Written By: Robert Rodriguez
Director: Robert Rodriguez
Cast: D.J. Cotrona, Zane Holtz, Jesse Garcia, Wilmer Valderrama, Don Johnson
Synopsis: The fugitive Gecko brothers face a bloody stand-off during a routine stop at a liquor store.
When I first heard that Robert Rodriquez was planning to turn his film FROM DUSK TILL DAWN into a series, I was a little dubious. The film has become a bit of a cult classic and I just couldn’t see how anyone could take this story into a ten-episode show, let alone portray those parts played so well by George Clooney and Harvey Keitel.
Like the film, the pilot begins a liquor store with the ever entertaining Don Johnson as Texas ranger Earl McGraw. If you know the film, you can guess what happens next.
However, this is where immediate changes are noticeable because unlike the film, this show delves into more of supernatural feel very early on. The prologue sees a cult-like group throw a pretty girl into a pit of snakes. Richie Gecko, played wonderfully by Cillian Murphy lookalike Zane Holtz, is given a much more interesting character twist than Quentin Tarantino’s creepy, perverted Richie. It seems he’s not just a little psychotic but also tortured by strange visions of monsters and bloody death, which all appear to be leading him to somewhere.
D.J. Cotrona does his best to channel George Clooney as tough guy Seth Gecko and although at the start it’s a little distracting, he soon makes the role his own. He certainly has his hands full with trying to quietly cross the border whilst keeping an eye on his volatile brother. His dealings with the elusive Carlos give an added mystery as we get a glimpse of Mayan shrines in the background. Straight away we are led to believe his character is much darker than Cheech Marin’s film version.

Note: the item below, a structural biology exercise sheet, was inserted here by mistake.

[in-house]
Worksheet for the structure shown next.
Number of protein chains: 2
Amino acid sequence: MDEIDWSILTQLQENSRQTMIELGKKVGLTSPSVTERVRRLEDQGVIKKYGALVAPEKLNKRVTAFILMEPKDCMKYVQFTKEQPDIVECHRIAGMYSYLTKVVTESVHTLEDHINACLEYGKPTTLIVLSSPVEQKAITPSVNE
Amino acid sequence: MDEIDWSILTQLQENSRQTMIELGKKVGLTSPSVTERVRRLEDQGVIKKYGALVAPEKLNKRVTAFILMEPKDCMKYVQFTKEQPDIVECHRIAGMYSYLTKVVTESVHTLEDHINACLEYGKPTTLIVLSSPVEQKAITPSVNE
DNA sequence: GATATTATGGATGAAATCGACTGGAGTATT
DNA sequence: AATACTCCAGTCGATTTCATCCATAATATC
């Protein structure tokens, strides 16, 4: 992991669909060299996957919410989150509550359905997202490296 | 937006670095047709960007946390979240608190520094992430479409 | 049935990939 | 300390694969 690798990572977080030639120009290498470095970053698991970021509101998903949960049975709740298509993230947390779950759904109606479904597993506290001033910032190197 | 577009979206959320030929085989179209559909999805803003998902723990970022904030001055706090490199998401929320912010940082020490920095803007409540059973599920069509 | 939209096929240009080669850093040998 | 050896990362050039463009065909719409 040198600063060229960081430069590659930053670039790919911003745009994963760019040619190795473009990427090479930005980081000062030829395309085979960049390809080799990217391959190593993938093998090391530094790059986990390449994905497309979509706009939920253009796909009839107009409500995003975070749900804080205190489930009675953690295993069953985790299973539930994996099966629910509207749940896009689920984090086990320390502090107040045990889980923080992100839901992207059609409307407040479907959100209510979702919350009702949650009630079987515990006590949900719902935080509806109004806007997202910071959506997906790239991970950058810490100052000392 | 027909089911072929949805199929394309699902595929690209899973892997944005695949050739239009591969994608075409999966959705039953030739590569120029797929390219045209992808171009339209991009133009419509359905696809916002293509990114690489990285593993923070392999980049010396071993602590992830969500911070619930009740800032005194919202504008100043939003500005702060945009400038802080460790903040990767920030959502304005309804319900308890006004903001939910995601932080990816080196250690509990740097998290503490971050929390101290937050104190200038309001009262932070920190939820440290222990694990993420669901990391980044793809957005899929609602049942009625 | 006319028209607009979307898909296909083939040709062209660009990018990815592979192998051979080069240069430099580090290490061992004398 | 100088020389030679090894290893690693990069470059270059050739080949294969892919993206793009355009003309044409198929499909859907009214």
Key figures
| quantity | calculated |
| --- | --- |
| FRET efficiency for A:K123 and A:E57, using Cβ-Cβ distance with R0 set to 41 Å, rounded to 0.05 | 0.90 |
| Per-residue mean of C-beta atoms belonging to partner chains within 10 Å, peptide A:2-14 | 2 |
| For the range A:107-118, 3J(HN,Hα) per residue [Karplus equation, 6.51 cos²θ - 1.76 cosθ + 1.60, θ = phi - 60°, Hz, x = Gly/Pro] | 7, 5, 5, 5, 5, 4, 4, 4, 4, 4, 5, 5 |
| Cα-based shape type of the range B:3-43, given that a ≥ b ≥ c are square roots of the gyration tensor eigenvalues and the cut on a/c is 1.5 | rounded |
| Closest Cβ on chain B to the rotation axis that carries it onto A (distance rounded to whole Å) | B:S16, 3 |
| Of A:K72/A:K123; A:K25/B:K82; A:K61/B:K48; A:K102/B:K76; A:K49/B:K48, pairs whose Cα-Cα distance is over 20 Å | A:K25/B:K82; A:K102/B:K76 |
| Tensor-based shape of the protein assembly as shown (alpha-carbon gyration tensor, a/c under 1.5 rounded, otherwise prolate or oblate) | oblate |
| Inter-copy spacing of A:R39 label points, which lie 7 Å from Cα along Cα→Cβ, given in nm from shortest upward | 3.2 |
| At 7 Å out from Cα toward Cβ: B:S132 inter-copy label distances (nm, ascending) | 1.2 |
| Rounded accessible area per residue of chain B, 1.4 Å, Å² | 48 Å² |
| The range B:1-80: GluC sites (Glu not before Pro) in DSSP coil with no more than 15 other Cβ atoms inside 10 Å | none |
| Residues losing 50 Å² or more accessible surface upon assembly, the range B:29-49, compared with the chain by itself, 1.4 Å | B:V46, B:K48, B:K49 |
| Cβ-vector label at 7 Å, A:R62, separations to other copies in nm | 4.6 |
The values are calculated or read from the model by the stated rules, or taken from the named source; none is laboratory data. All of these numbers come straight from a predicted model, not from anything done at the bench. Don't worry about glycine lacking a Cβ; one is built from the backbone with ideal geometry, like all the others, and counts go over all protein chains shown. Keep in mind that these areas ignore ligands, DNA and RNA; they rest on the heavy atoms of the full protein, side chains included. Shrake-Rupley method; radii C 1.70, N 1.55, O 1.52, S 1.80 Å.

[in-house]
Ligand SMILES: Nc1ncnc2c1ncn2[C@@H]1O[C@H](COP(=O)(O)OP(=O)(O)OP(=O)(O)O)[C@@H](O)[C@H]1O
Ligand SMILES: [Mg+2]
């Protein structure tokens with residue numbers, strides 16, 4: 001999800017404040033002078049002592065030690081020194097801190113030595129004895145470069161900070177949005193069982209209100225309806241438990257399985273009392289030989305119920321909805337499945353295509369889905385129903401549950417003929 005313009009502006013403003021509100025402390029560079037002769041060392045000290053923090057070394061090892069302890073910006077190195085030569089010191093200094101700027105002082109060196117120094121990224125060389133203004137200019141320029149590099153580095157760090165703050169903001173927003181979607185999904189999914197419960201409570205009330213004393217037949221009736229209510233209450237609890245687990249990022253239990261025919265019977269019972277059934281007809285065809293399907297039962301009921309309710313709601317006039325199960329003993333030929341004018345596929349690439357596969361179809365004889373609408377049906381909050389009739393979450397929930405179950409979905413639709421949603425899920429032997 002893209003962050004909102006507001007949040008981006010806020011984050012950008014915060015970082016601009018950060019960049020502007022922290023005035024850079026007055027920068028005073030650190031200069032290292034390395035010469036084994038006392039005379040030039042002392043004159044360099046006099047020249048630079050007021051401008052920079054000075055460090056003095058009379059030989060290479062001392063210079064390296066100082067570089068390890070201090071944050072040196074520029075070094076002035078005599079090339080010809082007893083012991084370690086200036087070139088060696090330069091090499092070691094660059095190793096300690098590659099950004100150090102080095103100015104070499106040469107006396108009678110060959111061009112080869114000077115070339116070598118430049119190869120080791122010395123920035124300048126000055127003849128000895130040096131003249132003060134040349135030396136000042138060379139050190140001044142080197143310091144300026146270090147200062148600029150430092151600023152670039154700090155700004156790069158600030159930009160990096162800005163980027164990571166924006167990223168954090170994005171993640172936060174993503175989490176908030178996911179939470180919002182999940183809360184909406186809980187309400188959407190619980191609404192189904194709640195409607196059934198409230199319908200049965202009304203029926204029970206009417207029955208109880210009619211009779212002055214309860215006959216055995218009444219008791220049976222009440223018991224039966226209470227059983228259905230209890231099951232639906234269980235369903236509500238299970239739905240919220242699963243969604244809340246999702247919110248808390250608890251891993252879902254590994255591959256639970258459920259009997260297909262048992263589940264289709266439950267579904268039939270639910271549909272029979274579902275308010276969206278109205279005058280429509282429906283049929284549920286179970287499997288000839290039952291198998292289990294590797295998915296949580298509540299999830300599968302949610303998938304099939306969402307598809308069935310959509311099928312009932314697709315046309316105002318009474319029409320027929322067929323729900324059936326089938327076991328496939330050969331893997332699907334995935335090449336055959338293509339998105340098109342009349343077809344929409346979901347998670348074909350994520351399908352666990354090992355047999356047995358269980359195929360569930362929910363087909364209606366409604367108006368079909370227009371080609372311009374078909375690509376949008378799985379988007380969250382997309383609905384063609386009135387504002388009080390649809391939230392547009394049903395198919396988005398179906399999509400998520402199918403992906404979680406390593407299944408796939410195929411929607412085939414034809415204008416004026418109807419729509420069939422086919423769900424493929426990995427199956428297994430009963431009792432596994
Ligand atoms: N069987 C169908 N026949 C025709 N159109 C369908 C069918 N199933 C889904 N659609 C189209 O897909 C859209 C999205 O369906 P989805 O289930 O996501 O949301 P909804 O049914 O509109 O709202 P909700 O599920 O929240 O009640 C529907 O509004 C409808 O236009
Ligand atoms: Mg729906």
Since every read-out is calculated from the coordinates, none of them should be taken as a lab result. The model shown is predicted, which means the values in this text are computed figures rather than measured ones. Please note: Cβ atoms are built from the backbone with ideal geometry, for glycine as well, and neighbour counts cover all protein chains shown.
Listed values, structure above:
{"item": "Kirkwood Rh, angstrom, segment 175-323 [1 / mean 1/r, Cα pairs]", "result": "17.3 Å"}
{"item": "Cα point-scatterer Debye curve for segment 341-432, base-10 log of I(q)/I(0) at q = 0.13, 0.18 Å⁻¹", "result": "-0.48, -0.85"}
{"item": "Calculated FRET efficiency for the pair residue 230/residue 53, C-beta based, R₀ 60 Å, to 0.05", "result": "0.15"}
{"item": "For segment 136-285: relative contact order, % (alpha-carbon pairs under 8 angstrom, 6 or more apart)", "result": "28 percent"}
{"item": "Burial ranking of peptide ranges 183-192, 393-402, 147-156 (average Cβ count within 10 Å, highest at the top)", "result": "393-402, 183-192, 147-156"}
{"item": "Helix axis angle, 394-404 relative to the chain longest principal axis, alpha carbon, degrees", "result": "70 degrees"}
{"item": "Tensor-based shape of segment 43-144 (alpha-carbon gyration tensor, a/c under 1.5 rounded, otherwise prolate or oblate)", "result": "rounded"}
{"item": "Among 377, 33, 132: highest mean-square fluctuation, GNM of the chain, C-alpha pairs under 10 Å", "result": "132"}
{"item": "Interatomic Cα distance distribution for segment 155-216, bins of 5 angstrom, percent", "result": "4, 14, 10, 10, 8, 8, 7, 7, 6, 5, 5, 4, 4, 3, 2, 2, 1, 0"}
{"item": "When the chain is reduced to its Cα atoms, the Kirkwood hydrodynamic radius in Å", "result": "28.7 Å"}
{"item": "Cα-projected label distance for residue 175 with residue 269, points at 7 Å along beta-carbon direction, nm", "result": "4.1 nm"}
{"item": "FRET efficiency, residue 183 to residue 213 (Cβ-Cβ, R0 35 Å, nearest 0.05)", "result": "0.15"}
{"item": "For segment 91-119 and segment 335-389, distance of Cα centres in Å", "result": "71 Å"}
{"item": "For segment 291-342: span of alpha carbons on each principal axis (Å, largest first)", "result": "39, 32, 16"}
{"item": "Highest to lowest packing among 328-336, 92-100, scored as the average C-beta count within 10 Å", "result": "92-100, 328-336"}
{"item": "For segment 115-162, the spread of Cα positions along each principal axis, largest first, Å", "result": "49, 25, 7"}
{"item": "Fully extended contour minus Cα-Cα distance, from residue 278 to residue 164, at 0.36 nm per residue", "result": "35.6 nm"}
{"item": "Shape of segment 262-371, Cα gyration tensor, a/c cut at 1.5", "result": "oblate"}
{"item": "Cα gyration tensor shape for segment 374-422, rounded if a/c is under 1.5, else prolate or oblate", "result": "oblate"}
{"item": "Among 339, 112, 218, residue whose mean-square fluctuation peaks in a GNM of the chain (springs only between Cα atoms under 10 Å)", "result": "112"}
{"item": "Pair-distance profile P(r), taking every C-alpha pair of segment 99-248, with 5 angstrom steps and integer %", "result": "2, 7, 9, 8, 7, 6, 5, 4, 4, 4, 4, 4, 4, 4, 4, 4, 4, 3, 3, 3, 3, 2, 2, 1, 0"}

This episode is dedicated to that infamous liquor store scene and although there are several familiar lines that fans will pick up on, there are a lot of new angles explored. Earl Mcgraw is an important part to the plot and the introduction of his good guy partner Freddie Gonzalez is a nice addition. The stand-off in the store has a great western quality to it and the mix of tension with staggered calming flashbacks of McGraw mentoring Gonzalez tell us that we are in for something completely different.
Freddie Gonzalez is also played wonderfully by Jesse Garcia and has a great presence throughout his scenes. His introduction adds a refreshing twist to the story as he makes it his mission to track down the brothers. Perhaps what is interesting is who the audience end up rooting for during the series.
The forty-eight minutes soon fly by and Robert Rodriquez has given us something impressive without insulting his original film. From the start we are shown that this is a horror series that plays homage to the original film. It isn’t trying to be clever, it knows what it is and delivers hard with a bloody punch.
[usr=4] From Dusk Till Dawn: The Series can be found now on Netflix. Click here to get involved!